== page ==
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Kanishka bomber's jury trial over

The crucial jury trial of Air India bomber Inderjit Singh Reyat for lying under oath during the Kanishka case ended in Vancouver today.

world Updated: Sep 17, 2010 08:59 IST

The crucial jury trial of Air India bomber Inderjit Singh Reyat for lying under oath during the Kanishka case ended in Vancouver on Thursday.

With arguments by lawyers from both sides over, the jurors have now begun deliberating the evidence against the only man convicted in the bombing of the Air India Kanishka flight 182 from Montreal to Delhi June 23, 1985, in which all 329 people on board were killed.

Blamed on Khalistani extremists seeking revenge for the 1984 army action at the Golden Temple to flush militants, the bombing was the worst aviation attack till 9/11 happened. Another bomb planted by the militants had exploded at Tokyo airport the same day, killing two baggage handlers.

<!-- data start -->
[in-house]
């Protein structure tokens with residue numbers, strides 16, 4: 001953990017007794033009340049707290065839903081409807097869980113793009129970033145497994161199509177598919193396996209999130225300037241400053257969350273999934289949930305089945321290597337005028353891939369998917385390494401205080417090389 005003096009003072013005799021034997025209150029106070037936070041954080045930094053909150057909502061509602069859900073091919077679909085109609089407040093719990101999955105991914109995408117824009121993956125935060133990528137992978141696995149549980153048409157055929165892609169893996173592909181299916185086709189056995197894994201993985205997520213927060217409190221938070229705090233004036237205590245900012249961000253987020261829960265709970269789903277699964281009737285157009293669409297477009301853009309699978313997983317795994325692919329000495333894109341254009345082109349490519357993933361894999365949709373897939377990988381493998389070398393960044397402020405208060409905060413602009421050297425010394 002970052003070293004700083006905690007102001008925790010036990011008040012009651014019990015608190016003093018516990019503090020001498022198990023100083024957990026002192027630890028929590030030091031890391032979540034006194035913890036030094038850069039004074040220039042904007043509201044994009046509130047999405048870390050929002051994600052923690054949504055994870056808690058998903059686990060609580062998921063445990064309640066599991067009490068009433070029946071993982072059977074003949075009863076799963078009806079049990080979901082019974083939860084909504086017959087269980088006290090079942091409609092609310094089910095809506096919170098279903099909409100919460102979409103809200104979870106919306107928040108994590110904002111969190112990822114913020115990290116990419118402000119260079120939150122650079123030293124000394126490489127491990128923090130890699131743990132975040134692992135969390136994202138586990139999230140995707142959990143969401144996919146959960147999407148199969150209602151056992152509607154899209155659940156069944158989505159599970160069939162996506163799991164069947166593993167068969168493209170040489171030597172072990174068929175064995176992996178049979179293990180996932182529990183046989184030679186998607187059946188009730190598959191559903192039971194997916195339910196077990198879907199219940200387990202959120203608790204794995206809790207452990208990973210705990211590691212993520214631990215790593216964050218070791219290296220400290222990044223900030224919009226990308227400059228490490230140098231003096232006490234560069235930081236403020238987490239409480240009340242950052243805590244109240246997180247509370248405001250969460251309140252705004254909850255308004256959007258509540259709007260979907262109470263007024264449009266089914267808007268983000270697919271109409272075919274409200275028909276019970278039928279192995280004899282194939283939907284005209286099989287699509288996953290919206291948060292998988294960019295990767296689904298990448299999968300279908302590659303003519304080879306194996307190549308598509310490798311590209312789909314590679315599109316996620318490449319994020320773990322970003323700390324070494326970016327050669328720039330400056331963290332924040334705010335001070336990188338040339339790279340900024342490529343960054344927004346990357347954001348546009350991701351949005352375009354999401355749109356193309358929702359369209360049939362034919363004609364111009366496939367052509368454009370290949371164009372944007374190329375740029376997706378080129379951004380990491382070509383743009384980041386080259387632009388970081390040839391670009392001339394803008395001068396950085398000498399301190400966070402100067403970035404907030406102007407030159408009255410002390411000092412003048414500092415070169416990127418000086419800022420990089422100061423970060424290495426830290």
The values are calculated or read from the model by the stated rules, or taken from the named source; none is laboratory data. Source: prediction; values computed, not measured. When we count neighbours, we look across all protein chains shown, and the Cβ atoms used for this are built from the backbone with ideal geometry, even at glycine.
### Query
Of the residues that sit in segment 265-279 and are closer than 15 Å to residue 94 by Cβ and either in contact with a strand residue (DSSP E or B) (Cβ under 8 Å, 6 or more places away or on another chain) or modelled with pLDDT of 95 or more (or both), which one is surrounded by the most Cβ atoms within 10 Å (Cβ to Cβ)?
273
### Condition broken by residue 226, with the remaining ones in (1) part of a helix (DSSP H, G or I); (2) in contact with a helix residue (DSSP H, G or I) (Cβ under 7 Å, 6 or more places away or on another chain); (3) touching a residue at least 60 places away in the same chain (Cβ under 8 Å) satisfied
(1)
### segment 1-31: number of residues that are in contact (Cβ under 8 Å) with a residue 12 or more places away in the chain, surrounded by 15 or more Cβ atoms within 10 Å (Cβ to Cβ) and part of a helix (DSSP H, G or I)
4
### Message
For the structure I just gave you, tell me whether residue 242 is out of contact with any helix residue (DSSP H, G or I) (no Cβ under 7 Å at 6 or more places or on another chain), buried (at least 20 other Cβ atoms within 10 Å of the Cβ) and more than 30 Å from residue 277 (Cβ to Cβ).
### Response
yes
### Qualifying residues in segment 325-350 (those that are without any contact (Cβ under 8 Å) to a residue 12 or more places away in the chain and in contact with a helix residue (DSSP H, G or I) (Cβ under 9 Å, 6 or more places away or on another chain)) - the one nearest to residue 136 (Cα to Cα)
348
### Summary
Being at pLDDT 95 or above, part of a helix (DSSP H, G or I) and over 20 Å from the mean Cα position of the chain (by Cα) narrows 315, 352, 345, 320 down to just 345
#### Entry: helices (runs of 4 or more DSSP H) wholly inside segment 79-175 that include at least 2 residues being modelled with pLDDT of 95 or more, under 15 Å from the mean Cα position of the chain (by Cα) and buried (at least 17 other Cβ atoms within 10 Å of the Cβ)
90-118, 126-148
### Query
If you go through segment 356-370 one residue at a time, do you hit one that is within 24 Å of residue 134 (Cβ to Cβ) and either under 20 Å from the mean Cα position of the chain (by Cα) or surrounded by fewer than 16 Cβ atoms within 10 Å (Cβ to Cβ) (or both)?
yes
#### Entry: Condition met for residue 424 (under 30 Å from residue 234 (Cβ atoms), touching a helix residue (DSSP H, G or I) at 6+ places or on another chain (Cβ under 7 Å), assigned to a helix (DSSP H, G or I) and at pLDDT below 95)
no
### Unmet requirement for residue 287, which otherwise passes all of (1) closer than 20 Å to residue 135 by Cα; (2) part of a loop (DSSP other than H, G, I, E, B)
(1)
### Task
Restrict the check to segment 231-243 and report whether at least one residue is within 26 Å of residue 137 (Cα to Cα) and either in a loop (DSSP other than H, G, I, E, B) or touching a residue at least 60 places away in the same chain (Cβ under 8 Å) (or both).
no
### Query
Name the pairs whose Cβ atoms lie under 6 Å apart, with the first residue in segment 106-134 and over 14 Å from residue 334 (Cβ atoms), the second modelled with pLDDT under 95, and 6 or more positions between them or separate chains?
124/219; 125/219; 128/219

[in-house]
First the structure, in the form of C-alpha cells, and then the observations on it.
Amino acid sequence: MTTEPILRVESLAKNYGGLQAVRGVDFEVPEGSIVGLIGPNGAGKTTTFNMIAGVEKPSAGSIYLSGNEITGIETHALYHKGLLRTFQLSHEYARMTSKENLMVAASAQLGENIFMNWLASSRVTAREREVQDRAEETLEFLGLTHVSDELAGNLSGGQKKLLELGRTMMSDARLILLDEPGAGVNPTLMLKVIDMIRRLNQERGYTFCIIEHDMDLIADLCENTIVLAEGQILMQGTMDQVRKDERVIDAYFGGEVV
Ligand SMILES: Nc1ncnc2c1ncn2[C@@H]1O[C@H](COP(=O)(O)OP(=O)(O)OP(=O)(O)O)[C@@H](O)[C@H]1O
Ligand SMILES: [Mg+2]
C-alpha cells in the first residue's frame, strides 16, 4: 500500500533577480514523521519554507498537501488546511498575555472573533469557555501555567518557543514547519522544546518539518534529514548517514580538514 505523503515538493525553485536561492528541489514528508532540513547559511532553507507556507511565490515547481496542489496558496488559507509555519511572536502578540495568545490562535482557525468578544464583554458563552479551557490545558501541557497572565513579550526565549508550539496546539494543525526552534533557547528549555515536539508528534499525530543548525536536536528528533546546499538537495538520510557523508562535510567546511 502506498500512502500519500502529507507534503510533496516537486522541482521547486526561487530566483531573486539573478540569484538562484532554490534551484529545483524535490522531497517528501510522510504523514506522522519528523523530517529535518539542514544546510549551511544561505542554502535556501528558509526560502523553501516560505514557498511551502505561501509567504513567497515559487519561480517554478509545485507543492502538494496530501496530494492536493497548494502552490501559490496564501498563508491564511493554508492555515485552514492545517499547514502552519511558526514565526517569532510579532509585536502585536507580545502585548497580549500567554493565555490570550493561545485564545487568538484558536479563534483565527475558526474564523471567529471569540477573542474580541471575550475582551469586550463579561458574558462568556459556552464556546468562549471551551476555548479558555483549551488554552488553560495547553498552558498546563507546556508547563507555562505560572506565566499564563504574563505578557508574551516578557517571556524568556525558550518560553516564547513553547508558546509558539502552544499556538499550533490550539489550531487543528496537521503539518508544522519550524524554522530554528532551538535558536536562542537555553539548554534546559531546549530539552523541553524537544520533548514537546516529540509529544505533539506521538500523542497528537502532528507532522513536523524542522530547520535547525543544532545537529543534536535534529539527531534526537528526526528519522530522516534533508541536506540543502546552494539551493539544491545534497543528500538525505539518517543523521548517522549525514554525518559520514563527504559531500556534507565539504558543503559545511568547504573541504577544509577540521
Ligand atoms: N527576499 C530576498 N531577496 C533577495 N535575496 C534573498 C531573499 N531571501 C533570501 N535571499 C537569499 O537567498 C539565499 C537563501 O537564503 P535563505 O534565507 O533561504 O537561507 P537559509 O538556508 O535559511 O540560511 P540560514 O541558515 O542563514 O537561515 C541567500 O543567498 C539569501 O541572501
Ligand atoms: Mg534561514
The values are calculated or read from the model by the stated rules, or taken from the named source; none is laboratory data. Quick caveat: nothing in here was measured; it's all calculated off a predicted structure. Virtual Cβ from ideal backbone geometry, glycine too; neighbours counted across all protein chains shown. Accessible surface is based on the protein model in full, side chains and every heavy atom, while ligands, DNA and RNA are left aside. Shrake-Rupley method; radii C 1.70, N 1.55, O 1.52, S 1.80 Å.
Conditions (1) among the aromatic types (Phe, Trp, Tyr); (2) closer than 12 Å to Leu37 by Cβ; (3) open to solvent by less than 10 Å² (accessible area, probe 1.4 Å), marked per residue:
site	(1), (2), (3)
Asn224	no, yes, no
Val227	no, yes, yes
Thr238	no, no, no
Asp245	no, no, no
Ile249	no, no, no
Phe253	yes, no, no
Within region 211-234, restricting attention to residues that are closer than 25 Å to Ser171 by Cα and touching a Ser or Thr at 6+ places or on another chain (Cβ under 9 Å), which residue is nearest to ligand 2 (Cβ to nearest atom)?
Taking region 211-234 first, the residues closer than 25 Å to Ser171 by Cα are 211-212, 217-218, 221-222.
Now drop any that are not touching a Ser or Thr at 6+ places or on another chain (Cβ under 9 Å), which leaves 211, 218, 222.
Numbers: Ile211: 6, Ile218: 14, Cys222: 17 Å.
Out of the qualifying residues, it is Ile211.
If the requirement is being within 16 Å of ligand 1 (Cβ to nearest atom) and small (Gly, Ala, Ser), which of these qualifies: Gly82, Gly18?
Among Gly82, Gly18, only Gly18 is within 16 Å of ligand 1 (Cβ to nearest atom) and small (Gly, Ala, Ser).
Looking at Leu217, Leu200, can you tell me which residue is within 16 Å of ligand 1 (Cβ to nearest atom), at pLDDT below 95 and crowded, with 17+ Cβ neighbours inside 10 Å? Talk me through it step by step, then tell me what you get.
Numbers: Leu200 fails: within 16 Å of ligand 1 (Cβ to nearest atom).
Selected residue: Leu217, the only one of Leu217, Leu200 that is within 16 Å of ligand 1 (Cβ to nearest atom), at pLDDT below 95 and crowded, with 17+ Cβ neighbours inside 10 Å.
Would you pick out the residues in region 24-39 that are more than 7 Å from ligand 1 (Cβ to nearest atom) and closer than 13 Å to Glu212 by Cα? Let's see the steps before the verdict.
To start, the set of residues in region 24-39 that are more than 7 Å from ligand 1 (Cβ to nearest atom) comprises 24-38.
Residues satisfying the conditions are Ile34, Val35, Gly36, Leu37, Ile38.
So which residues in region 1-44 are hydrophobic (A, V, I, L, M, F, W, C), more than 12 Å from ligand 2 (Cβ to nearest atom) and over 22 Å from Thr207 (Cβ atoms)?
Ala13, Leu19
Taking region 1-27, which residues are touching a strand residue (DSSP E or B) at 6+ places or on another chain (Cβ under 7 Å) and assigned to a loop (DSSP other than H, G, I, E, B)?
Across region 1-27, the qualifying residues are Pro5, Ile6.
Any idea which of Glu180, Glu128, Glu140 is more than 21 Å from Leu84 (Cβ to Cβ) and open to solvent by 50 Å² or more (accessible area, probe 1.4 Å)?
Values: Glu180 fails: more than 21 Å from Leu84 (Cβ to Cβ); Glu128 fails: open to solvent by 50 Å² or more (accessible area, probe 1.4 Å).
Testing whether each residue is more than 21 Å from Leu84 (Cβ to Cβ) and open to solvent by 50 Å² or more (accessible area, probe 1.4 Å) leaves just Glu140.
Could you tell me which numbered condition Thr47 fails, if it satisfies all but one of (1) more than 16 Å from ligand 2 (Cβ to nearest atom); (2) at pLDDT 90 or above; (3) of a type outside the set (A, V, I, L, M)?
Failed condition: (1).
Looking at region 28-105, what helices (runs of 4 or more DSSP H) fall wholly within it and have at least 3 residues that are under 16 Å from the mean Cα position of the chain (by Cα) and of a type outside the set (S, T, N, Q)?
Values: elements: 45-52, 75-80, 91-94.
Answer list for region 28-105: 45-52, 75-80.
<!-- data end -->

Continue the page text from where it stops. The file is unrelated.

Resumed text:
After his arrest, Reyat - an electrical mechanic - admitted to testing the bomb that blew off at Tokyo airport for which he got 10 years in jail in 1991. After this, he was given another five years in jail for his role in the Kanishka bombing.

While in jail that he had agreed to testify during the trial of Air India suspects - Ripudaman Singh Malik and Ajaib Singh Bagri - in 2003. But during his testimony, Reyat is said to have lied 27 times to cover up Malik and Bagri, leading to their acquittal.

Earlier in the week, prosecutor Len Doust told the jurors that Reyat lied despite taking oath in order to save his co-conspirators.

"He didn't tell us the truth. He has an interest in protecting others who were involved...he wanted to protect himself from retribution by the people who committed this horrendous crime," the prosecution lawyer said.

The Canadian government had spent more than $130 million on the Air India trial, which ended in 2005 with the acquittal of the two main suspects.

But 20 officers are still working on the Air India file to find clues to nail the guilty.

The jury comprises nine women and three men. Each juror has to prove that Reyat lied in one of 19 cases cited by the prosecution to face conviction.

If convicted, Reyat faces another 14 years in jail.